But stratas are also one of the best ways to clean out your fridge and feed a crowd at the same time. Oh do you have a ton of holiday leftovers, hardly any time, and a brunch planned for New Year’s Day?
Perhaps I can recommend this make-ahead anything goes strata.
A strata starts with stale day-old bread. For the record I would like to say that any recipe that starts with stale bread and ends with a magically delicious custardy breakfast casserole has got to be worth it. It’s a good thing that putting together a strata takes hardly any effort at all.
Up next is the fun part: cleaning out your fridge. Perhaps that is not the most fun but again, think about the end result.
On my fridge-cleaning adventure, I found some thick-cut bacon, a few slices of cooked ham, an onion and a few different types of cheddar. Perhaps you have sausage or mushrooms or bell peppers or feta or even a quarter of a jar of olives. Whatever you’ve got, it will all bake into a glorious thing of strata.
I quickly caramelized half the onion for even more flavor. My trick for caramelizing onions? A little pinch of salt and sugar which brings out the sugars and makes for perfectly caramelized onions every time.
After you have decided on your fillings, the cubes of bread get dunked in an egg and milk mixture which makes sure every nook and cranny of bread bakes into custardy-goodness. Then layer everything in a baking dish. You could easily scale this up or down depending on how many you are expecting for brunch or the amount of your leftovers. The most important thing is that each piece of bread is dunked in the egg mixture. If you are short on eggs, then add a little milk. This is less of a recipe and more of a set of guidelines for strata-making. There are no real rules. It is just brunch after all. Once everything is layered, cover and refrigerate.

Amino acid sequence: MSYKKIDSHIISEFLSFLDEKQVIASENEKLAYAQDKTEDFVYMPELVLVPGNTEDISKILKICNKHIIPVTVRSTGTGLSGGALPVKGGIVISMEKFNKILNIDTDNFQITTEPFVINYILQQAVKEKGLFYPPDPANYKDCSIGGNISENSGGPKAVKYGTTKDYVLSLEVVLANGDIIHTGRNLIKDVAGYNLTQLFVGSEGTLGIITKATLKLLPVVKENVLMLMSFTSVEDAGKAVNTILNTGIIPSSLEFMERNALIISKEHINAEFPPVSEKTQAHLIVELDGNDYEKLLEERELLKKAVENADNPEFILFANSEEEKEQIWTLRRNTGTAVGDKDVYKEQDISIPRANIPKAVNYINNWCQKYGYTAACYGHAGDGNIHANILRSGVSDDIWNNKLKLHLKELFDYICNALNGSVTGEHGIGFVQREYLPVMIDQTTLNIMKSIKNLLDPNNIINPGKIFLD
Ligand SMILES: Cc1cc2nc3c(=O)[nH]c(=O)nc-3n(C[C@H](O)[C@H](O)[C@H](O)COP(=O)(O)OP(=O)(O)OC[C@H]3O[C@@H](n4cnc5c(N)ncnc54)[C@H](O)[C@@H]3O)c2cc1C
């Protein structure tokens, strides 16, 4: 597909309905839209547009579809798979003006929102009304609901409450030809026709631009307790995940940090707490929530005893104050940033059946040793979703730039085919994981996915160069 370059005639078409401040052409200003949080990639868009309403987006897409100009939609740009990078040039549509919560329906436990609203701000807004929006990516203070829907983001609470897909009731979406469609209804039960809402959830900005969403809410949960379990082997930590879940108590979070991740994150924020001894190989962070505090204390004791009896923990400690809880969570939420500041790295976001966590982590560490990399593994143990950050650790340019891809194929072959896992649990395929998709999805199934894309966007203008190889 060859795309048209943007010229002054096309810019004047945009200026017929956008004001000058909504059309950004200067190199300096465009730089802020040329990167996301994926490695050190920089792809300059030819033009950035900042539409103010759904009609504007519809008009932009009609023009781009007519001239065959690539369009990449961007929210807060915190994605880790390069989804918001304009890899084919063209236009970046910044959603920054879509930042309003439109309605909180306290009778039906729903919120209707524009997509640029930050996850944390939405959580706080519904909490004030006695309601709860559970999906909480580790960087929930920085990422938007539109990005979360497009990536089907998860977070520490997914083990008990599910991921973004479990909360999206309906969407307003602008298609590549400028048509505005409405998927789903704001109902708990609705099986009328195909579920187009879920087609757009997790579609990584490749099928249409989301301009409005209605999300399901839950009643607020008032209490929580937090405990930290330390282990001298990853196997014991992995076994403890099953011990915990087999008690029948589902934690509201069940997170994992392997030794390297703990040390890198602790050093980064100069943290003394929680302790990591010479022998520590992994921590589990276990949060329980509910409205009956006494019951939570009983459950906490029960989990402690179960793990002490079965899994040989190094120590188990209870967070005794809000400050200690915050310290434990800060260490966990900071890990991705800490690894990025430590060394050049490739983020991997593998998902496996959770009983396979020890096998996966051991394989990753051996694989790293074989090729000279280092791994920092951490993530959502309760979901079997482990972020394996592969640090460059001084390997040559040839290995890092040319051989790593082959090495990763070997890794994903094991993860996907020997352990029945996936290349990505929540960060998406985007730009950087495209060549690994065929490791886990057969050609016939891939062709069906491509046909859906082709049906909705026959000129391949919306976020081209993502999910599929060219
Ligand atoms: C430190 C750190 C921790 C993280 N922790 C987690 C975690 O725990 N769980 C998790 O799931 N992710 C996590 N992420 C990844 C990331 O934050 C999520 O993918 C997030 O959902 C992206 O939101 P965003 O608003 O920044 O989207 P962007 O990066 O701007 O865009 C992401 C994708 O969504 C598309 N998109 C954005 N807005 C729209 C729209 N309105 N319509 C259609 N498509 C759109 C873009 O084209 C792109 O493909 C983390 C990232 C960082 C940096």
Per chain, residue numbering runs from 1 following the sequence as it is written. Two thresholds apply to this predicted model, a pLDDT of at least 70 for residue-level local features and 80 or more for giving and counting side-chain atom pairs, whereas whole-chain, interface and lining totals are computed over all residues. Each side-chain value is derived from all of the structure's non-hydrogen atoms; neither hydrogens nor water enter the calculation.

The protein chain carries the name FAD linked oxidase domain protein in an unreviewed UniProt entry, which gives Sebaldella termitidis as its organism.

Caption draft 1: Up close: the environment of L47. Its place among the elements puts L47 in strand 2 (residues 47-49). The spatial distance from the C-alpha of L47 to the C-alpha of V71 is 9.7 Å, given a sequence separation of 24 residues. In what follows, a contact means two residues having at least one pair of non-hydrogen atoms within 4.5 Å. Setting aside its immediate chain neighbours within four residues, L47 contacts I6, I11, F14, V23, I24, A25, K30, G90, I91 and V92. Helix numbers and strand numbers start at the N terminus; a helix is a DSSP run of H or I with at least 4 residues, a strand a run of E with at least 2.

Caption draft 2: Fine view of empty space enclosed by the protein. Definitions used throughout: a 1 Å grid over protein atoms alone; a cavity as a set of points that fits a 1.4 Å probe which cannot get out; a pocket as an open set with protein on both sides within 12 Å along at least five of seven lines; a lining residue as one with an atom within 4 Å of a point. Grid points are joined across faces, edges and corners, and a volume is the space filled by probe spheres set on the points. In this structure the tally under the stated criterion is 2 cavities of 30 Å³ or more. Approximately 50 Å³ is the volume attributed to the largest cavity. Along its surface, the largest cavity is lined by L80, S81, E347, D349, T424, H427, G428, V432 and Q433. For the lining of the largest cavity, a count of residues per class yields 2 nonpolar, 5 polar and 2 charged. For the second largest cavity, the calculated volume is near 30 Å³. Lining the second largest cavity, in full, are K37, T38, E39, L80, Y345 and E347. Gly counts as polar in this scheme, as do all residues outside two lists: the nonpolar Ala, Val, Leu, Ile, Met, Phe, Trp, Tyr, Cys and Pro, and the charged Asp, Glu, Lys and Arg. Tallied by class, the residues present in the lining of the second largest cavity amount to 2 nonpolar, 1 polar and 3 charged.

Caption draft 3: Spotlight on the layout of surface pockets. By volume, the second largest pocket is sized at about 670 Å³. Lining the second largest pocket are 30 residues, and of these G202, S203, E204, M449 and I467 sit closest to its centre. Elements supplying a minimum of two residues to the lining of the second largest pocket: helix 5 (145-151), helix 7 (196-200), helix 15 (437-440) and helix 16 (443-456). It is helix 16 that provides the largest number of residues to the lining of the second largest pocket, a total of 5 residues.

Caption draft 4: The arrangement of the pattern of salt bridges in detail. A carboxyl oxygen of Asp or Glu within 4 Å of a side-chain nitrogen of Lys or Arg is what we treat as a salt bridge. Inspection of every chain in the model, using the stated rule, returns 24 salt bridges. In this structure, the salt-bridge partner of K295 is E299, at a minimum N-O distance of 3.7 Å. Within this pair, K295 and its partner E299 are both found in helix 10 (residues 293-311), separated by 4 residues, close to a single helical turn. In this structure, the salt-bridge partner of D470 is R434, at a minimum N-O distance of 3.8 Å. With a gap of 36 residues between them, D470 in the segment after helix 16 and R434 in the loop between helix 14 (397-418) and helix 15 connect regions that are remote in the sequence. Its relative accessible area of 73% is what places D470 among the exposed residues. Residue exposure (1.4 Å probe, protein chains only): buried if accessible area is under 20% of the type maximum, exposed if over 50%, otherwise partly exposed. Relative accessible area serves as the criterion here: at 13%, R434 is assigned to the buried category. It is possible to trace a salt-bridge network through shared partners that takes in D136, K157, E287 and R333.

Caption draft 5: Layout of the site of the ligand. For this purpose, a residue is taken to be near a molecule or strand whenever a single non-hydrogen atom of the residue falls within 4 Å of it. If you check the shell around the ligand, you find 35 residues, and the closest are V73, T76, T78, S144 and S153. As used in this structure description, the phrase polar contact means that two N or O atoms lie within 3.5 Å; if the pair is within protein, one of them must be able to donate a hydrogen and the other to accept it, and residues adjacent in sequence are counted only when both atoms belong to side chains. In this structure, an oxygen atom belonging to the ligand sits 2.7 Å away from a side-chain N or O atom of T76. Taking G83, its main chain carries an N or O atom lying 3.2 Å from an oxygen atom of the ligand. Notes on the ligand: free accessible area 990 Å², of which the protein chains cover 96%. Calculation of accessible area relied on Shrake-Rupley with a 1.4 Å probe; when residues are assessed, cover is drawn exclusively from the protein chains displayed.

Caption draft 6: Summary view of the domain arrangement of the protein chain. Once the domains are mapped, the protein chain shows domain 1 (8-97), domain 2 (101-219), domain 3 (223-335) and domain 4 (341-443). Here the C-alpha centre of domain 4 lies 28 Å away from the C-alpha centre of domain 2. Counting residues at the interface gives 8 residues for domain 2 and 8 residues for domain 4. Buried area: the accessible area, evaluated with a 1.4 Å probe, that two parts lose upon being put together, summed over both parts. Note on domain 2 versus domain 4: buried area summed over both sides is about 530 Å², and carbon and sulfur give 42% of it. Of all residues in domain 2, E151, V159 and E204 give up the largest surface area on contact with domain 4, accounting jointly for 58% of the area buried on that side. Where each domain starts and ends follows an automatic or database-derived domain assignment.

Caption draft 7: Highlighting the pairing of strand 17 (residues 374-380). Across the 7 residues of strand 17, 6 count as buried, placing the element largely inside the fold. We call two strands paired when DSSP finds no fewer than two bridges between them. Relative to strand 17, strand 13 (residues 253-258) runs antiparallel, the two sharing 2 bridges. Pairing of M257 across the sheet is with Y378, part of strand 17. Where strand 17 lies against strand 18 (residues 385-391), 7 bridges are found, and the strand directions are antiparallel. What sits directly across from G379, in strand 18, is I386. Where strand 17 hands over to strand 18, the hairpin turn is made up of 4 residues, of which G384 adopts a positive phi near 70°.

Then get your party pants on and ring in the new year with a bang.
At least breakfast is taken care of which means the year is off to a brilliant “strata”.
Make-Ahead Anything Goes Strata
Serves a crowd
about 8 cups (330 grams) day-old good quality French bread, cut into one-inch cubes
1 1/2 cups (355 ml) milk
2 cups (150 grams) shredded cheese, such as cheddar
half a medium yellow onion, thinly sliced
1/2 teaspoon salt
1/2 teaspoon sugar
about 1/2 cup cooked ham, cut into 1/2-inch cubes
about 1/2 cup cooked bacon, coarsely chopped
salt and pepper, to taste
finely chopped parsley, optional
Generously butter a medium oven-safe baking dish (mine was 9×7) and set aside.
Heat a few tablespoons of oil in a medium saucepan set over medium heat. Add the sliced onions, cover, and cook for about 10-15 minutes. Uncover, turn up the heat to medium high, and add the salt and sugar (this helps the onions to caramelize) then cook for another 10-15 minutes, stirring often, until the onions have caramelized and turned a deep, golden brown. Remove from the pan and set aside until ready to assemble the strata.
Prepare the ingredients for the filling and have them at the ready. In a large bowl whisk together the milk, eggs, chopped parsley, and a generous pinch of salt and pepper. Working in several batches, dunk the cubed bread into the egg mixture so that each cube is just coated.
Spread an even layer of the coated bread into the bottom of the buttered dish and evenly sprinkle the caramelized onions, ham, bacon and cheese over the top. Continue layering until all the bread and filling ingredients have been used – ending with cheese. Pour any extra egg mixture over the top of the strata. Tightly wrap with several layers of plastic wrap and refrigerate for at least eight hours, or overnight.
The next morning when you are ready to bake, preheat the oven to 350. Unwrap the strata, sprinkle with an additional handful of shredded cheese and bake for 45-55 minutes or until the top is brown and the cheese is bubbling. Let cool for several minutes and serve.